Tuesday, November 7, 2017

Back at The Fly

Peter Brookes and I did a second day of fly fishing today, but this time we met down at the Big Talbot Island park boat ramp at sunrise and made the short run up the Nassau River to set up at Twin Creeks on an incoming tide. The shell banks were still showing when Peter started out with a top water Gurgler to see if a Trout would hit, which they did not. He switched to a root beer colored Troy James Fly and worked it deep on an intermediate line and had no success with that either.

We moved back east, down the Nassau and fished a long stretch of shell bed that tapered off
into 13' of water. Pete stayed with the sinking line and figured out that he could make his cast  up current (the same as when we fish live shrimp on  a jig) and let the current take his fly down along the bottom and when he felt a thump, set the hook!  Sometimes it was just the bottom but a couple of times, BOOM! Seatrout on! It turned out to be the method to catch fish.

We ran down to Pumpkin Hill and fished some more shell beds, now flooded, and used the same technique. This time when Pete hooked up we knew it was a bigger fish by the way it caused such a commotion! He worked the fish in with
his line hand, keeper pressure at all times on the fish, and soon landed a fat 19.5" Seatrout. Now that's a nice fly caught fish!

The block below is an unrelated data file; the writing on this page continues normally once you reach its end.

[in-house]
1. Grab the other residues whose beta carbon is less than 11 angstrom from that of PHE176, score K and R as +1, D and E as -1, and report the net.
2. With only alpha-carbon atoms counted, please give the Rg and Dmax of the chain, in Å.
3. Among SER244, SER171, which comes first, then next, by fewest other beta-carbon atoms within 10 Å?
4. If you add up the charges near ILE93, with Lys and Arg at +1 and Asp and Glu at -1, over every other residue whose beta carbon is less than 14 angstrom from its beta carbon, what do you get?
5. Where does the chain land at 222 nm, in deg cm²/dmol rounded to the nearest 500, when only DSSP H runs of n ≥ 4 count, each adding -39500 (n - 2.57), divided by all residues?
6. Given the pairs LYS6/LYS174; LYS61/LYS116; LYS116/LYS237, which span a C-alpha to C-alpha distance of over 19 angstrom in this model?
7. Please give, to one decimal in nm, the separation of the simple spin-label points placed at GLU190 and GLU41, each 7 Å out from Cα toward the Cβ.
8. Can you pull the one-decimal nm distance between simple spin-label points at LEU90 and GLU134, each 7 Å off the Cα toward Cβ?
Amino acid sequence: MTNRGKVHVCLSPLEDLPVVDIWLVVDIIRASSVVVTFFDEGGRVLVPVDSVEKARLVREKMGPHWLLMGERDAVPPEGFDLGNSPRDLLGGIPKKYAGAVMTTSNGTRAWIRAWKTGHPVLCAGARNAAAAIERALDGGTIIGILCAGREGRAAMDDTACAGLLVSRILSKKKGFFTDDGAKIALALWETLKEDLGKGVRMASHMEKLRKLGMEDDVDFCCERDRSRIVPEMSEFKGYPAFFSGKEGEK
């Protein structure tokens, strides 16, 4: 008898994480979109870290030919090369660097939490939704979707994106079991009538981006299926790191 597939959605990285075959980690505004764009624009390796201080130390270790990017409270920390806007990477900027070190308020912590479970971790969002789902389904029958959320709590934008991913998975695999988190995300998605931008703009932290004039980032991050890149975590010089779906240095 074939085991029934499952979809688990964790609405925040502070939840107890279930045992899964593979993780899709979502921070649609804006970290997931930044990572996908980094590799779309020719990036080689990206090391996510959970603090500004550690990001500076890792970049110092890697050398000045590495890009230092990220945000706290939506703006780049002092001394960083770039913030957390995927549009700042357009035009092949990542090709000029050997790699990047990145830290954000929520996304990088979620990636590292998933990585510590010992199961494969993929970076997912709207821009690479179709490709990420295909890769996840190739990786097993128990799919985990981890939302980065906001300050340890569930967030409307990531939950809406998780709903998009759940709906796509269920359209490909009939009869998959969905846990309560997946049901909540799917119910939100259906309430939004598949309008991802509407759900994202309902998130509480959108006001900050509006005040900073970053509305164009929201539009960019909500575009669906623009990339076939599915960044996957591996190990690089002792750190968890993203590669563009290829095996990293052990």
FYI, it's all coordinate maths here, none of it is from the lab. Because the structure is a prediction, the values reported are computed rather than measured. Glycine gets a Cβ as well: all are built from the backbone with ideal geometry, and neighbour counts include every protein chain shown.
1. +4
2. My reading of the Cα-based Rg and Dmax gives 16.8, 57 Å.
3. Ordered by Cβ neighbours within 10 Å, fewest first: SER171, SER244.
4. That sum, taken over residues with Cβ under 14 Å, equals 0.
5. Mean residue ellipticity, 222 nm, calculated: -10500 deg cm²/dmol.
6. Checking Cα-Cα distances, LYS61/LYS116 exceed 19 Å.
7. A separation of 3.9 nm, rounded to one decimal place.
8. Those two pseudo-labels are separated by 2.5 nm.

The tide was up so we went back to floating lines and ran over to Horsehead to check out some flooding grass flats. It took a couple but as I eased up to a nice looking flat Pete saw it first - a tailing Red! We were debating on getting out and wading to it then we noticed that it was coming our way!  It fed nose down into range and Pete made his cast and put the fly perfectly out in front. The fish did see the fly and kept moving and again, Pete picked up and laid it down. The fish turned to the fly, seemed to take it and Pete set the hook....BOOM! The Slot Red boiled out of there. It appeared Pete had him on for a split second but the hook just didn't take. But it was a cool experience. We moved on, checking out a handful of grass flats but saw  no more fish.  The sun was up, Pete had a plane to catch, so we called it a day, another great one to be fishing here at Amelia Island, Florida.

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